Watch vs. Brand
Obsessed by brands? Watchbore offers a cure.
To all those nagged by the suspicion that without the brand name on the dial and other distinguishing marks their watch would be worth less than half what they paid for it, Watchbore brings glad tidings.
At the Geneva Salon and Basel Show, 2000 will be the year of the small independent watchmakers who still make original timepieces that are more watch than brand.
Watchbore reviews four such watchmakers which all started on the road to brandhood in the mid-nineties. They are still uncorrupted, and this is their golden age. Companies like Roger Dubuis, Parmigiani Fleurier, F. P Journe and Bovet are making the creative running in craft watchmaking — a field abandoned by the big brands.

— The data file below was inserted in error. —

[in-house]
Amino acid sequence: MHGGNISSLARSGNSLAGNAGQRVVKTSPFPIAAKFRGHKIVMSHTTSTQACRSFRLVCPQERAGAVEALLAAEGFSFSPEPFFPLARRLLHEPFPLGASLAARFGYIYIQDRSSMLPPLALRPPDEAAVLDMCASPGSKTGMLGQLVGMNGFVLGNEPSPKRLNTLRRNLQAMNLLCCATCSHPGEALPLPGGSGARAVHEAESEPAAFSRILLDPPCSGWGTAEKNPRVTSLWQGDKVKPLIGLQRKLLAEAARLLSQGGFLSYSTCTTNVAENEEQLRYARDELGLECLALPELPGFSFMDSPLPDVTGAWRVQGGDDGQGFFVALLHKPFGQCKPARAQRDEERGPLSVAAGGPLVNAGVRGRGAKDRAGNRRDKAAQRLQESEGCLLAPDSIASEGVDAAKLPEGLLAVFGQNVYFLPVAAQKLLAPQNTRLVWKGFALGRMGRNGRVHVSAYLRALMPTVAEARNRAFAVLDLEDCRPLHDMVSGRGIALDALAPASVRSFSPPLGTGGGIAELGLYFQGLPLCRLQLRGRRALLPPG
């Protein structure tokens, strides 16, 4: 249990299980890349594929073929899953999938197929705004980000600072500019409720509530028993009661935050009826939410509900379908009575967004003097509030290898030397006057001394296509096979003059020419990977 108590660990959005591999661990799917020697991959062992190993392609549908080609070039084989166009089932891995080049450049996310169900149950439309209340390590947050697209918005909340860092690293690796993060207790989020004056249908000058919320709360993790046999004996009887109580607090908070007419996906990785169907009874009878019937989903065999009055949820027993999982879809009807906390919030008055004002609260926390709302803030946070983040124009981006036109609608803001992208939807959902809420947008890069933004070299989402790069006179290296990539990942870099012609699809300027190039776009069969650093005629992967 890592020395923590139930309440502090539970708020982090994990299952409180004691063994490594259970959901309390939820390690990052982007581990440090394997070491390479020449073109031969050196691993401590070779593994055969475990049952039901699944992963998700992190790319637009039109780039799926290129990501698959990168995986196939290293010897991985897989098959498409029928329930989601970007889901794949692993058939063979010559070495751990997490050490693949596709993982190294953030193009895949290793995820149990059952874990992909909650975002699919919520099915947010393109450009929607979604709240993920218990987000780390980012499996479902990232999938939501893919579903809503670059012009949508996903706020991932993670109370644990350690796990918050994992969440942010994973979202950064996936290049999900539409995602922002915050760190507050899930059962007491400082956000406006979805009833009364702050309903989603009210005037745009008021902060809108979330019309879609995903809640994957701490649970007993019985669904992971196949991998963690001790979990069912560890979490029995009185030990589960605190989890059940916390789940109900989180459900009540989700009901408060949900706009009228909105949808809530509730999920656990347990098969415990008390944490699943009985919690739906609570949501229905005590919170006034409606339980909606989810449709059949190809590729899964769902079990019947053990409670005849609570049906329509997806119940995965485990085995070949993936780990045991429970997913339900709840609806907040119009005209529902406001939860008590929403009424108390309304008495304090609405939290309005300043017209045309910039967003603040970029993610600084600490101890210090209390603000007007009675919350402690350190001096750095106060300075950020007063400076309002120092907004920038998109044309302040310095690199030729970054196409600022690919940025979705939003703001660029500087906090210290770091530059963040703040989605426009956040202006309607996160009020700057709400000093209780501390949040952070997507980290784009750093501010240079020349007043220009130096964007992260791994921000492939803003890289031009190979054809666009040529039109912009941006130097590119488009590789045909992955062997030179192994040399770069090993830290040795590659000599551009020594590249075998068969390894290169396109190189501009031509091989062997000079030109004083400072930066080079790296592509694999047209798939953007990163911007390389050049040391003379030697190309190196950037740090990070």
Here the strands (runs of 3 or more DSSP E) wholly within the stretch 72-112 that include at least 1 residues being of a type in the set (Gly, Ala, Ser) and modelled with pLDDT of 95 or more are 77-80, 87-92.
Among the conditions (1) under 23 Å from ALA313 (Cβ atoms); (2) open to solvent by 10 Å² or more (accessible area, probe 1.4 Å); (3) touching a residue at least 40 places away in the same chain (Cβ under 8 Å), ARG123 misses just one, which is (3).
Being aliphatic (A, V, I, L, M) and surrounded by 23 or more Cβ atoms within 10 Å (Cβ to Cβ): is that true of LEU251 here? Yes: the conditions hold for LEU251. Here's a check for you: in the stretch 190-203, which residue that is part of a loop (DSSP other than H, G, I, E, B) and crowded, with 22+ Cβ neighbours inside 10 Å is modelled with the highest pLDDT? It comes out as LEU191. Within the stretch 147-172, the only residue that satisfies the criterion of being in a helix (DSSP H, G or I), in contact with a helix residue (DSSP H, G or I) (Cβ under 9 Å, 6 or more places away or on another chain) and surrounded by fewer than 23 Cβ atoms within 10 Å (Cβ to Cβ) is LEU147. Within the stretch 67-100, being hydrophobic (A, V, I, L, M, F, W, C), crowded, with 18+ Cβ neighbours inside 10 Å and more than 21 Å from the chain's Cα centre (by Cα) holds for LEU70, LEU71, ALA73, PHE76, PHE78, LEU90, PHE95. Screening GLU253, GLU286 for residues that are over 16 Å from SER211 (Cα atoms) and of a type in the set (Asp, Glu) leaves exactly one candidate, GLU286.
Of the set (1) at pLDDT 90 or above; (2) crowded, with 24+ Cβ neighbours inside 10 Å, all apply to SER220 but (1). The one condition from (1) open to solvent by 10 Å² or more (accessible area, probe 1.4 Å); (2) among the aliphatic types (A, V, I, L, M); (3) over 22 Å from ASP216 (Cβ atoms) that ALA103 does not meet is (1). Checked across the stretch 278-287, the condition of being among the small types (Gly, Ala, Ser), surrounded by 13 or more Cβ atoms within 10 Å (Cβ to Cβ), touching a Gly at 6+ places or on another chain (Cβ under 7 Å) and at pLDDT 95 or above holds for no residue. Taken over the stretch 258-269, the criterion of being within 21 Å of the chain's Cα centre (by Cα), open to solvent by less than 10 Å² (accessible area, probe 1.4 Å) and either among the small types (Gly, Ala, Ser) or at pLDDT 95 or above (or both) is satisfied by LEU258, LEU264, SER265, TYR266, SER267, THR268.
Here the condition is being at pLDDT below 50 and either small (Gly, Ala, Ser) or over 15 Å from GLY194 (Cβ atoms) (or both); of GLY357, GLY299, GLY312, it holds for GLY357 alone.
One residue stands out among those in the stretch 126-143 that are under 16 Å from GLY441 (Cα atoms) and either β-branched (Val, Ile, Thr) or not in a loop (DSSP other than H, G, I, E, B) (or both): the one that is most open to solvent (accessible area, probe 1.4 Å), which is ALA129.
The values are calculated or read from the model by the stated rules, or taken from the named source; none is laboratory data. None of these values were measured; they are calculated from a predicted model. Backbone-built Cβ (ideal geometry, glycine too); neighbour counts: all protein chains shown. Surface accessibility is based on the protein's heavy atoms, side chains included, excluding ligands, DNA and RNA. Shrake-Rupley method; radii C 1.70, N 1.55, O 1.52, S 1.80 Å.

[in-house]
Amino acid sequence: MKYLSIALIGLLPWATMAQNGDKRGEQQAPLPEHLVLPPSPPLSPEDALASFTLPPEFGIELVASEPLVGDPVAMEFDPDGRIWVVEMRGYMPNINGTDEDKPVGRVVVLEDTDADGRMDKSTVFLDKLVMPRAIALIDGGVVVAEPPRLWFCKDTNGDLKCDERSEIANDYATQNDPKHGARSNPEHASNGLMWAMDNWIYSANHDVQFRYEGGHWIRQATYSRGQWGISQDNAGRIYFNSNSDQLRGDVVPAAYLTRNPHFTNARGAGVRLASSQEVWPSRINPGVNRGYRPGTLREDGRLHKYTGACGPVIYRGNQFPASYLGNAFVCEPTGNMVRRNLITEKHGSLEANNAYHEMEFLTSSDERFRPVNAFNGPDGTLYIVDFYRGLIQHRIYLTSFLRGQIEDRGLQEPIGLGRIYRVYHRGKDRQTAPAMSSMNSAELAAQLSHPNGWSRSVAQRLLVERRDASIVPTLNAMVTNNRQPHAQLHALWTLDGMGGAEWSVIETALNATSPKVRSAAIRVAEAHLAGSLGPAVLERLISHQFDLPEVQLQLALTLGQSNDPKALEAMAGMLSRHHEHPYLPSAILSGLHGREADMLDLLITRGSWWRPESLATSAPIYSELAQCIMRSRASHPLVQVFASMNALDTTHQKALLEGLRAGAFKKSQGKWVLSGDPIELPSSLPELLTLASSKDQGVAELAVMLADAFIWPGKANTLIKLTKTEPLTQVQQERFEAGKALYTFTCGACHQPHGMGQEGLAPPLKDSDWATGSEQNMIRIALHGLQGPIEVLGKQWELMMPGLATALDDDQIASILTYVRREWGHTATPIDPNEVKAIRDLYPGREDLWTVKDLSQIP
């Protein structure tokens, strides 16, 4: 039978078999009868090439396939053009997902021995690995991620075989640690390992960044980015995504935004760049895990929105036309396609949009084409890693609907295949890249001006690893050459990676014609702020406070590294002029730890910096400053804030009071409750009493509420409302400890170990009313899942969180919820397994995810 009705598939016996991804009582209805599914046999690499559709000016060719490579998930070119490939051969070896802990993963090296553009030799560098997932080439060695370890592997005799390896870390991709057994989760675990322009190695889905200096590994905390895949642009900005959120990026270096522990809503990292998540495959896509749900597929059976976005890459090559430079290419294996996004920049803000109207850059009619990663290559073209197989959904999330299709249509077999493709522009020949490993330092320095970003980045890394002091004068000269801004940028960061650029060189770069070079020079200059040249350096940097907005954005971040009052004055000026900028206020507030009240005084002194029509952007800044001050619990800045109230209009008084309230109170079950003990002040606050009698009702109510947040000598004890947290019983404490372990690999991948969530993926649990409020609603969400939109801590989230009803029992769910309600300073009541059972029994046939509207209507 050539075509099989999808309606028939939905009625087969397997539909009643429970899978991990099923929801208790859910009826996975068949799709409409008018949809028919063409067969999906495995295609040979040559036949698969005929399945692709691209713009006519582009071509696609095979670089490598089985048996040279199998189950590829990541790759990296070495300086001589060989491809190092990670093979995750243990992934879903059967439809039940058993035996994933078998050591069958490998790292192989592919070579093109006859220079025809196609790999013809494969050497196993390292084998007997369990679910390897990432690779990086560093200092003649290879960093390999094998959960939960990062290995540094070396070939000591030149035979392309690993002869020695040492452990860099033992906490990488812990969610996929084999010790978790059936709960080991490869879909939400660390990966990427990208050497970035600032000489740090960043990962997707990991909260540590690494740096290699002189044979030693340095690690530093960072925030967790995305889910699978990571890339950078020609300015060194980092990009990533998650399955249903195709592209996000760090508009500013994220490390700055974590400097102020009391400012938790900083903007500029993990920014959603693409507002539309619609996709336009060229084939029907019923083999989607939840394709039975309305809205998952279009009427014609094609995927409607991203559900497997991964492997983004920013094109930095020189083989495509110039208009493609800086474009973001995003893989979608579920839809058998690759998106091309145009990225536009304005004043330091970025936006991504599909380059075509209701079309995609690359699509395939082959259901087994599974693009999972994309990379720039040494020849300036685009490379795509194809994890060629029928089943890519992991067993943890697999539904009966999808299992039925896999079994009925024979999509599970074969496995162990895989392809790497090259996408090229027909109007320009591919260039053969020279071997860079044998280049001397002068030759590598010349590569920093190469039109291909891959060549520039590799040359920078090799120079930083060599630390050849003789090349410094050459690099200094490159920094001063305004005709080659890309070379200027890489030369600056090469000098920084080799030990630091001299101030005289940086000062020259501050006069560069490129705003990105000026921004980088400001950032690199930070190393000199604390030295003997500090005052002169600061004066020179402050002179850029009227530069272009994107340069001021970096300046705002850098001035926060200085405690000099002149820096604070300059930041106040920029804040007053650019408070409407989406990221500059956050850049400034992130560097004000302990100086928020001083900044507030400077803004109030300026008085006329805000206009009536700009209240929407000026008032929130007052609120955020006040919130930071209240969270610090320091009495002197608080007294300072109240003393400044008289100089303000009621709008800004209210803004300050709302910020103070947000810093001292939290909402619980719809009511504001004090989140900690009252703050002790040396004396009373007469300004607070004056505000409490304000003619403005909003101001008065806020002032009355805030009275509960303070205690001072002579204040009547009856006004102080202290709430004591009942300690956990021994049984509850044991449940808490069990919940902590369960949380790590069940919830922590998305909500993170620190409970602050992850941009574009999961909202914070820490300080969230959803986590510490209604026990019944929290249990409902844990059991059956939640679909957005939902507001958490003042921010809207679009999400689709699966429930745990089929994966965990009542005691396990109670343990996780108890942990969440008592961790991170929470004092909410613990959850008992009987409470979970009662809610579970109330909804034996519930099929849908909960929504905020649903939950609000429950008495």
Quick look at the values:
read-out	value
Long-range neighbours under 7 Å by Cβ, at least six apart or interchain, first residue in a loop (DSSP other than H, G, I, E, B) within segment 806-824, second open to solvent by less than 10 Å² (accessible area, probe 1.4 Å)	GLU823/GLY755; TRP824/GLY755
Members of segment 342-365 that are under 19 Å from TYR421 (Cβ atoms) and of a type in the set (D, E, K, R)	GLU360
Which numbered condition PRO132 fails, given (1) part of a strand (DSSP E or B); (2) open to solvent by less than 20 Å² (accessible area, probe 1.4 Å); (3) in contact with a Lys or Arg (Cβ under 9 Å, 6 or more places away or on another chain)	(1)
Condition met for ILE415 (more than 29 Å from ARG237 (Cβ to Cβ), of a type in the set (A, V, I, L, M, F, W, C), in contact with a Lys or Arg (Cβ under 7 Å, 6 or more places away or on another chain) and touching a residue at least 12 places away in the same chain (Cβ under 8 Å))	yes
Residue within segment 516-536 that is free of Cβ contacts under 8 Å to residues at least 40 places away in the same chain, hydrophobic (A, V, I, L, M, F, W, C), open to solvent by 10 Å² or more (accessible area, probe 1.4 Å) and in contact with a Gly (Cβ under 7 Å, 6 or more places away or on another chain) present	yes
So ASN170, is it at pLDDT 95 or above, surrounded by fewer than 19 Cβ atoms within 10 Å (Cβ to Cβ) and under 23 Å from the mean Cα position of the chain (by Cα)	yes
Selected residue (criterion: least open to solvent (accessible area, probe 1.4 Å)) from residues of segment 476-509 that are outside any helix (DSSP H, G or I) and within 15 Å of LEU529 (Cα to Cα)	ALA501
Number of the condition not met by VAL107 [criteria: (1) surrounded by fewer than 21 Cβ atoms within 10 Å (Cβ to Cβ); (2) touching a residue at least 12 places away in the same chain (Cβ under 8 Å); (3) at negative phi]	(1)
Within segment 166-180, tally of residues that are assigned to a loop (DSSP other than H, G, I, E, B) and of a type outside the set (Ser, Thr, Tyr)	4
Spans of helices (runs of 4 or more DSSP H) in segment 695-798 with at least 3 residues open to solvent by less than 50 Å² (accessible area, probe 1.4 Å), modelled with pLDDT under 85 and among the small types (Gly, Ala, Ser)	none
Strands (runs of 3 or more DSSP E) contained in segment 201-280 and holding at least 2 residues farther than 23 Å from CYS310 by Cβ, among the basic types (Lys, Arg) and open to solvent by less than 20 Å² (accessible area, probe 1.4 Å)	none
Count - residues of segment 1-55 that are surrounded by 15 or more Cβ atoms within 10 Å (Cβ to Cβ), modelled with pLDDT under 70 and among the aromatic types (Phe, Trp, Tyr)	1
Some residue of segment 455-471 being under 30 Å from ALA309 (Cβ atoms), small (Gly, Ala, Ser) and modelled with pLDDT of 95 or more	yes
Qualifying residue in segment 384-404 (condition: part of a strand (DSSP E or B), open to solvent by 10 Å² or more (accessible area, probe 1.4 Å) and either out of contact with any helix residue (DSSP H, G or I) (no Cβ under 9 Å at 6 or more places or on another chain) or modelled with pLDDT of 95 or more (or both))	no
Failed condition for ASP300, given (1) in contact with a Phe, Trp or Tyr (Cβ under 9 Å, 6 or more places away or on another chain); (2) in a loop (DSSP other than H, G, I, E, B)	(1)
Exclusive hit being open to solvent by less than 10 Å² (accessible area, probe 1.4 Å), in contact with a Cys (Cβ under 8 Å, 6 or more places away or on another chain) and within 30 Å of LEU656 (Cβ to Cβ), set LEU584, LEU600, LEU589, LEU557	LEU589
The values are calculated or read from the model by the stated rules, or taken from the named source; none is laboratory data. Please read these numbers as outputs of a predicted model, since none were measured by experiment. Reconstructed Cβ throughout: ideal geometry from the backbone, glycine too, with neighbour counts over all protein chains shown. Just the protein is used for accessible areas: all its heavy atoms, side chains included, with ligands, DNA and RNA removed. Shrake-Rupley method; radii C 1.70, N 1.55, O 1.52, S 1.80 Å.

Parmigiani launched a trend for long power-reserve watches last year with an eight-day caliber. This year they are presenting their first tourbillon, some split-seconds chronographs, a limited edition of 50 anniversary watches and 30 watches with cloisonné enamel dials to mark the year of the dragon. Their unique piece for 2000 is a minute-repeating, perpetual-calendar skeleton wristwatch.
Parmigiani is essentially a restorer of antique pieces and a constructor of movements for such clients as Chopard and Bulgari. However, they produce about 1200 own-label watches a year — most of them special pieces. Like many would-be brands, they have introduced as more “accessible” line — the Basica model (350 a year).
Parmigiani is 90% owned by the Sandoz foundation, which should ensure that it will keep its watchmaking virginity for some time.